Portland’s New Food Cart Pod Empowers BIPOC and LGBTQI+ Chefs


Two Portland chefs had the idea last summer to try to clean up the food business from the inside out. As they worked their way up in the restaurant business, Jasper Shen and Linh Tran from XLB saw years of racism, bad working conditions and harassment.

But the pandemic gave them a chance to step back and think about what they could do to improve things.

Together with Catie Hannigan, they started the restaurant resource group Win-Win. They aimed to give BIPOC and LGBTQI+ food makers in Portland fair and long-term jobs. And a food cart pod with many different chefs and types of food was part of that plan.

This month, that dream came true with Lil’ America, a pod of food carts in Southeast Portland created by Dos Hermanos Bakery, Fracture Brewing, and the Win-Win team.

The cart pod has both well-known and brand-new businesses run by local chefs. It also has things like a walk-in fridge and dry storage for each cart that you don’t usually find in other places.

A new Portland food cart pod is uplifting BIPOC and LGBTQI+ chefs

“That was our No. 1 priority,” said Shen. “Every cart we’ve talked to, their biggest issue was storage because they’re literally in a space that is 12-by-6.”

At Lil’ America, carts pay a flat monthly fee for rent, electricity, water, storage, and sewer. Shen says this is way less than the market rate.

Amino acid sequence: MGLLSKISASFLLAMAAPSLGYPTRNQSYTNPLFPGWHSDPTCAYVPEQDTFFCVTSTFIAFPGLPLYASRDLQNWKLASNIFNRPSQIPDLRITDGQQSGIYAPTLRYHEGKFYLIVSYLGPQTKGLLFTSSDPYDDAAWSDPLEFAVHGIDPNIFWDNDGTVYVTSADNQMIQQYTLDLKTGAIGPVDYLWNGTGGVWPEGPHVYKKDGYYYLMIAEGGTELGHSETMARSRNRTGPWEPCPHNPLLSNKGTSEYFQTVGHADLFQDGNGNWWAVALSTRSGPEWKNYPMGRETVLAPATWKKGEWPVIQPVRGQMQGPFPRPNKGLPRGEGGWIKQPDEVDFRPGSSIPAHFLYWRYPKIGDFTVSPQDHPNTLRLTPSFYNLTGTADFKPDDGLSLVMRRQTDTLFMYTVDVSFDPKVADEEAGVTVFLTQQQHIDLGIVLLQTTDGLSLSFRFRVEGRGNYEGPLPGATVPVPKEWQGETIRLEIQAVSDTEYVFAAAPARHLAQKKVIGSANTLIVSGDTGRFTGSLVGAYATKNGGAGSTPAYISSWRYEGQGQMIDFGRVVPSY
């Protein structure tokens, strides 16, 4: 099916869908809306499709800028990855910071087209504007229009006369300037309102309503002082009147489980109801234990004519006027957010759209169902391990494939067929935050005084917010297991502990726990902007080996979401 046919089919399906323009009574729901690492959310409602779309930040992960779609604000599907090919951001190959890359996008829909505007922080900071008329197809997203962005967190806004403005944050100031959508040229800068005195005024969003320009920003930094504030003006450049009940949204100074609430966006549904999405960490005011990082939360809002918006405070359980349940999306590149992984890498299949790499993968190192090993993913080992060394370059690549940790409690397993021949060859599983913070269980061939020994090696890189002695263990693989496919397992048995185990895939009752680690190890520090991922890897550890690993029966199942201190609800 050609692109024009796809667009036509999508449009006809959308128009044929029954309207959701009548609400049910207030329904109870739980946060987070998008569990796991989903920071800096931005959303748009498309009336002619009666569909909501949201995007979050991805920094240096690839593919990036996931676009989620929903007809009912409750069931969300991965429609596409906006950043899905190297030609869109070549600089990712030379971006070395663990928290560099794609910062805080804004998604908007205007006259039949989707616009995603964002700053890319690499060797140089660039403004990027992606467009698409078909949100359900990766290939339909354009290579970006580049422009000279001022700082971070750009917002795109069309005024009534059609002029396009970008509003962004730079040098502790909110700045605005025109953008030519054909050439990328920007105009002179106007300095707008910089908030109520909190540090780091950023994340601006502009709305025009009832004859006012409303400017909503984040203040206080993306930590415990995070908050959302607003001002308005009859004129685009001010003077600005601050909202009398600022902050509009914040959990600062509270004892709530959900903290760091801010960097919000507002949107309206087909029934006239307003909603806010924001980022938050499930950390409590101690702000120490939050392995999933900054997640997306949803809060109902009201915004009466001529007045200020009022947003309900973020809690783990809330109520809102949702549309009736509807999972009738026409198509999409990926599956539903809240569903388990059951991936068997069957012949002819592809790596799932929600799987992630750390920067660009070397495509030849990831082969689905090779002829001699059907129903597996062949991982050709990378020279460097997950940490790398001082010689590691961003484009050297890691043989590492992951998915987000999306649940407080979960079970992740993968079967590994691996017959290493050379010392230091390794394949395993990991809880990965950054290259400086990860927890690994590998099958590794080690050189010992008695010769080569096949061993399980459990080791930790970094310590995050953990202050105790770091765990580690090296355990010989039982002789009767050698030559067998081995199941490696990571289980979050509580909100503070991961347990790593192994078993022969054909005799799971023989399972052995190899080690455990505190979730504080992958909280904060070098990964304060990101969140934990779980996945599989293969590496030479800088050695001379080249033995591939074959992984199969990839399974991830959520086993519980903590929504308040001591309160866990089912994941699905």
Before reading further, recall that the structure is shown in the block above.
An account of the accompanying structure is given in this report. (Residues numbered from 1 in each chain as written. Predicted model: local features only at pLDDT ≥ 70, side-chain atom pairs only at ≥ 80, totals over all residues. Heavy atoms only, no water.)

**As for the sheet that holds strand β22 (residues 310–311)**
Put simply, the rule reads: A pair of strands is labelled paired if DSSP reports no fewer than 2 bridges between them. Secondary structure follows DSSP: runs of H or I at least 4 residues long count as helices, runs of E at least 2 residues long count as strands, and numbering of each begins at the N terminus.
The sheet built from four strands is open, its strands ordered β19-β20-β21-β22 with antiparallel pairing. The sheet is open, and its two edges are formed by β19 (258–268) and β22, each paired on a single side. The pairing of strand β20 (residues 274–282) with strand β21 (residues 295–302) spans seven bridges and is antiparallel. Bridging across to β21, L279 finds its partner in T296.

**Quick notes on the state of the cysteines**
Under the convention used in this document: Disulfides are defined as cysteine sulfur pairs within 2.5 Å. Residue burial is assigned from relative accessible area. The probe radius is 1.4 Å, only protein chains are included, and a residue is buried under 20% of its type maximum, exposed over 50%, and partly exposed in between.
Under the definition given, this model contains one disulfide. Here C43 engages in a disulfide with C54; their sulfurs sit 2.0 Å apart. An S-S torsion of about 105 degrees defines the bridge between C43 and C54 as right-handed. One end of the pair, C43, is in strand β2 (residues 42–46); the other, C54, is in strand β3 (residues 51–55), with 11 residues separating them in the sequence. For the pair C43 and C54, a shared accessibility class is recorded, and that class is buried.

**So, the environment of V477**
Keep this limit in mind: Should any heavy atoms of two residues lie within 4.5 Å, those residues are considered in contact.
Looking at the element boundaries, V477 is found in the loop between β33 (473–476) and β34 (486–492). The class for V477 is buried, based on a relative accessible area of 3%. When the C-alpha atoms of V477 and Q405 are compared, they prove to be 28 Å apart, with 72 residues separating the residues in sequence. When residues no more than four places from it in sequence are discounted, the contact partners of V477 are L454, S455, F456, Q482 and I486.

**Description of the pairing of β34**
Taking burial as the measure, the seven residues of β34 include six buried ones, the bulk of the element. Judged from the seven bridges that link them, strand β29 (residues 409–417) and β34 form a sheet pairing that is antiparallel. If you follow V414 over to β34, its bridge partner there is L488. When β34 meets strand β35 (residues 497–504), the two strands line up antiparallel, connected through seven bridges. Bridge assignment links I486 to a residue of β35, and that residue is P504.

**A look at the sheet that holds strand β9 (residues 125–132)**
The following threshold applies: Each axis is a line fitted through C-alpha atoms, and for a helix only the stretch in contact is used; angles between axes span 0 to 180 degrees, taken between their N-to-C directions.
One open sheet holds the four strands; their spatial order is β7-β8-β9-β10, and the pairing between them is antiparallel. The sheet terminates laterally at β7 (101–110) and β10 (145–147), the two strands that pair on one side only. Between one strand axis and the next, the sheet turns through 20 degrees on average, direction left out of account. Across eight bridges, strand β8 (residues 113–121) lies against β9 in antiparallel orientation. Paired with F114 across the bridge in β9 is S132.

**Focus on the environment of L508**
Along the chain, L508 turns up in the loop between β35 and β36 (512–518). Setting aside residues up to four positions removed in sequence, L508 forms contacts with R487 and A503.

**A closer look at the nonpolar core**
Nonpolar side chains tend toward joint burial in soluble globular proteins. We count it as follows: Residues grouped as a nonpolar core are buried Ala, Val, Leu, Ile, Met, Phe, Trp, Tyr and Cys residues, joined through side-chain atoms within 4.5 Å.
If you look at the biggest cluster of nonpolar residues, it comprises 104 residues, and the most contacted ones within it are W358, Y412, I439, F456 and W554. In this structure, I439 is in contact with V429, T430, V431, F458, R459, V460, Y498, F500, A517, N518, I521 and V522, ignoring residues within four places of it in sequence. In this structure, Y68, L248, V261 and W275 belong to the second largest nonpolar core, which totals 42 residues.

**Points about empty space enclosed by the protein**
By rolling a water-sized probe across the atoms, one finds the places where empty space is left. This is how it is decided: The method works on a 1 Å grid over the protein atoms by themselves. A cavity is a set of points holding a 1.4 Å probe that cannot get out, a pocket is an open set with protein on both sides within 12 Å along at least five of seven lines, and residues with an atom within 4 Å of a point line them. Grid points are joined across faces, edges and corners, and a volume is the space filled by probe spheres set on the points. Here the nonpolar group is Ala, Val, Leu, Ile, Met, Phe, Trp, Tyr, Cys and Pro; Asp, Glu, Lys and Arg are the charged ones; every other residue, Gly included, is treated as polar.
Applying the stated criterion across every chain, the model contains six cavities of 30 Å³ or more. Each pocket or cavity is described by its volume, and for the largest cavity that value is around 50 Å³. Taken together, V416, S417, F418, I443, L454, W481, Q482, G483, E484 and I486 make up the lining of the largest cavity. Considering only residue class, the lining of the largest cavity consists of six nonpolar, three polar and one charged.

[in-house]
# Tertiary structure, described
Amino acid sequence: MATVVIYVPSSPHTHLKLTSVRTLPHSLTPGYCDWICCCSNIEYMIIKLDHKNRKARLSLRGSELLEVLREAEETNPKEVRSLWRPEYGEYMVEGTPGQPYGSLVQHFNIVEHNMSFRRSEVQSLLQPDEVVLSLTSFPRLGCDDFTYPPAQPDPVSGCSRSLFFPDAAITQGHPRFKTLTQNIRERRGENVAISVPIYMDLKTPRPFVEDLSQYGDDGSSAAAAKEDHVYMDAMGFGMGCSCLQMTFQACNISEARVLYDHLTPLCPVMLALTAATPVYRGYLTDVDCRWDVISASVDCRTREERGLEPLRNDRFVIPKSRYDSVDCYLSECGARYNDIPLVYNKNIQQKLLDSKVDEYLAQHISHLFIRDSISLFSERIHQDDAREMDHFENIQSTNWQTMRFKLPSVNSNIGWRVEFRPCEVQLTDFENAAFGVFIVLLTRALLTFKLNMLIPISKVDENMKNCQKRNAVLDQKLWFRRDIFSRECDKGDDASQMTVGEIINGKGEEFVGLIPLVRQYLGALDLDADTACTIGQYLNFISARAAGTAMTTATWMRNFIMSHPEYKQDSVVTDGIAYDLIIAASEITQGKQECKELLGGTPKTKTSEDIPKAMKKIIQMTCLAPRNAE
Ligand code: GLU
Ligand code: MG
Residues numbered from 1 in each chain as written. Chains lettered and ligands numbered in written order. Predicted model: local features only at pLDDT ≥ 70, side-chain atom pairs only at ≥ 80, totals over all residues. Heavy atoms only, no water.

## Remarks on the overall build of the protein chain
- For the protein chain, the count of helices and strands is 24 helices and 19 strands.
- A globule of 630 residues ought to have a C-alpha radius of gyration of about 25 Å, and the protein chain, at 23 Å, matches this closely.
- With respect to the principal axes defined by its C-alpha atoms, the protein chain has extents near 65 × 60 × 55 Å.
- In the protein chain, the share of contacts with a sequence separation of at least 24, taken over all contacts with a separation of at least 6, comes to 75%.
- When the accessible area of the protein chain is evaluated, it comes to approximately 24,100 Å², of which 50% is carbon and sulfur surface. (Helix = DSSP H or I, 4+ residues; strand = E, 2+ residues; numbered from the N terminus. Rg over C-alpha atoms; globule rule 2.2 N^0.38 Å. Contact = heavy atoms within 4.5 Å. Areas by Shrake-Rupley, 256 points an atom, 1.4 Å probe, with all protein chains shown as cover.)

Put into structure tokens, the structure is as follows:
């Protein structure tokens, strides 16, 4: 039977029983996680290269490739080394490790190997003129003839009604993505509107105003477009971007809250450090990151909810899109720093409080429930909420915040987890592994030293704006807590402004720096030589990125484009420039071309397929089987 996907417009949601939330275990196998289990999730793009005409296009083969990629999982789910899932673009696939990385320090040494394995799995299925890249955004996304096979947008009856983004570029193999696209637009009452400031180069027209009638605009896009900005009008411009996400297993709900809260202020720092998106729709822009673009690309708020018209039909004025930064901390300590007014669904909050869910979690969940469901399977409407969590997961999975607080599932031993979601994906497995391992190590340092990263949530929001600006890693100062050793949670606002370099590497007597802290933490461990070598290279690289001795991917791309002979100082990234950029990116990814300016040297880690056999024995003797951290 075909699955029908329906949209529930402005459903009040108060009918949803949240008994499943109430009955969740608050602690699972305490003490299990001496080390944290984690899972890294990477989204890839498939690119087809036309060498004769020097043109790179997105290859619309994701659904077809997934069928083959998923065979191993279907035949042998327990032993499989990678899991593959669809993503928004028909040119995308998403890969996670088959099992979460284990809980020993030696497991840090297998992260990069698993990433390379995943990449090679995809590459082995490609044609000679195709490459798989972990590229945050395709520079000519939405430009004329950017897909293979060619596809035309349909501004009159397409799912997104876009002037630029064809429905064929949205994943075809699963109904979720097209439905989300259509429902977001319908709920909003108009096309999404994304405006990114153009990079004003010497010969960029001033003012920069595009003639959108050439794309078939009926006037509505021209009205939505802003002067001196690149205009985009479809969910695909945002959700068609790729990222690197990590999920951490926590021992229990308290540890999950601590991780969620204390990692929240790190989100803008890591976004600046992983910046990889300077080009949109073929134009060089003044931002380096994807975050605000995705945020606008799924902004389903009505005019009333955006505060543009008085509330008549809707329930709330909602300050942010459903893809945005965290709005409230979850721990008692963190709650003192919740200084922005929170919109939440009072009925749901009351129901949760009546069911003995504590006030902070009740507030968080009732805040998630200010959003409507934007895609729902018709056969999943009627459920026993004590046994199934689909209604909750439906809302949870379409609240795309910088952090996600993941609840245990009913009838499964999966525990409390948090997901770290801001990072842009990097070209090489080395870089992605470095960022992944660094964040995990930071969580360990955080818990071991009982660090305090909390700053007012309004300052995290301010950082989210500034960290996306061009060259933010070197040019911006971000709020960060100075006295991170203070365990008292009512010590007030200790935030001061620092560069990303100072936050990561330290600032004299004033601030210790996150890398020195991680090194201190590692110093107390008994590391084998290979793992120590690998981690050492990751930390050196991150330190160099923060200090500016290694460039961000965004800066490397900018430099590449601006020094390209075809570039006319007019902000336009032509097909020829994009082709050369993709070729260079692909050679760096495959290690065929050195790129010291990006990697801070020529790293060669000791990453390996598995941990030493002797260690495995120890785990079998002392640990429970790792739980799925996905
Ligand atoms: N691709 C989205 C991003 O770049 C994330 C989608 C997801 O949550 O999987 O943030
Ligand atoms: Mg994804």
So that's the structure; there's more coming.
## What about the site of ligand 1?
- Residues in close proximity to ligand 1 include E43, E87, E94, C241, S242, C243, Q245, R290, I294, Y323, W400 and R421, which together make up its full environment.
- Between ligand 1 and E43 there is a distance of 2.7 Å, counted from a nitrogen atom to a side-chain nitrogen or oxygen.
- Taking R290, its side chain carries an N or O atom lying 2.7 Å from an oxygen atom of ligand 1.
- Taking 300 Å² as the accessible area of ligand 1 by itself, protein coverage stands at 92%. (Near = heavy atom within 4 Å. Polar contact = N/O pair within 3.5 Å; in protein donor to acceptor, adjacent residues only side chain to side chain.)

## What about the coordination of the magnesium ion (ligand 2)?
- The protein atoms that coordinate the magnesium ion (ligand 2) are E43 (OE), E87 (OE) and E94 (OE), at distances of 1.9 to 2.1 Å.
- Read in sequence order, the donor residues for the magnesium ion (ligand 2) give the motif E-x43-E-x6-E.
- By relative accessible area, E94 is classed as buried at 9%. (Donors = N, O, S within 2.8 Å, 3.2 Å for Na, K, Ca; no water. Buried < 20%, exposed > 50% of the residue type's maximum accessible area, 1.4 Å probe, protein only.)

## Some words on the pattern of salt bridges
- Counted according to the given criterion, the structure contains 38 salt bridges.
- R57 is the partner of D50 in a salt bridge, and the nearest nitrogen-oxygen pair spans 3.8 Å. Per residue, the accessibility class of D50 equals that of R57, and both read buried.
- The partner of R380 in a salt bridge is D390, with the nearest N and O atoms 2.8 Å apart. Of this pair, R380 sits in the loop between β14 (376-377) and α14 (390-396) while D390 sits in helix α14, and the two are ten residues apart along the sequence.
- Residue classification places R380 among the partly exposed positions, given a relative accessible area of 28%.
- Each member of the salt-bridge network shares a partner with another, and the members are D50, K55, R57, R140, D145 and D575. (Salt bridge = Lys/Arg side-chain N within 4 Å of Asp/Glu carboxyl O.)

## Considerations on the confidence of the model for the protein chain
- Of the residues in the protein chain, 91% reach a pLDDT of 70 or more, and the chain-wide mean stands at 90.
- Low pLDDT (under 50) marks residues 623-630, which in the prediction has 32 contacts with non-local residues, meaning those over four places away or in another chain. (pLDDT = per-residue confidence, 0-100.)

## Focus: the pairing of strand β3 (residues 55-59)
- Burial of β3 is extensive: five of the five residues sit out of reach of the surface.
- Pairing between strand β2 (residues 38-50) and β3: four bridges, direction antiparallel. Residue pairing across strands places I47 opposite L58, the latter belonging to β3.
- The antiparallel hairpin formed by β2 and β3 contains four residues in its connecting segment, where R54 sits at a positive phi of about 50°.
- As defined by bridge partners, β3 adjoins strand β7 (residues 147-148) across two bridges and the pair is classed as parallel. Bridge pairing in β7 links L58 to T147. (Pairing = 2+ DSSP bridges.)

“We want everyone to be successful โ€“ that’s the goal,” he said. “We’re trying to get people started, we’re trying to move the community forward and help BIPOC and queer people get ownership โ€ฆ Trying to gouge [people] just so we can make a couple extra bucks didn’t seem right.”

The space is also directly connected to the city sewer line so that carts can immediately get rid of their wastewater. It was an important part of designing the space because new rules from the Oregon Health Authority ban using wastewater storage cubes on-site.

Before Lil’ America’s grand opening earlier this month, Crystal Ligori and Donald Orr spoke to chefs at three of the seven food carts in the pod.

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Mike Bautista & Xrysto Castillo

Mike Bautista: “Makult” is a word for someone stubborn or bothersome. [laughing] As a child, it was often thrown at me. A few people have come in and said, “I’m going to tell my mom that a restaurant is named after me!” It shows the energy we want to bring and how we think creatively about what we want to do.

Xrysto Castillo: We serve fast Filipino-American food, and no one else does. We’re unlike anyone else. We serve traditional Filipino dishes like pancit and lumpia, but we also put our spin on a burger. Longanisa is a spiced Filipino sausage mixed with beef for our Big Bunso burger patty. It is topped with atchara, made in-house with green papaya, daikon, carrots, and bell peppers. And it tastes great.

Bautista: The way we make food is more of a reflection of how we grew up as first-generation and second-generation people. When we first started, we knew we wanted to make Filipino food, but there’s always that voice saying, “You don’t know how to do this right.”

Castillo: Many people can be too critical of other people’s Filipino food because each household is different. The way each family makes adobo is different from the next. But we want to stay true to what we know and love about Filipino food, and we want that to come through in the way we play with our menu and the names we give our dishes.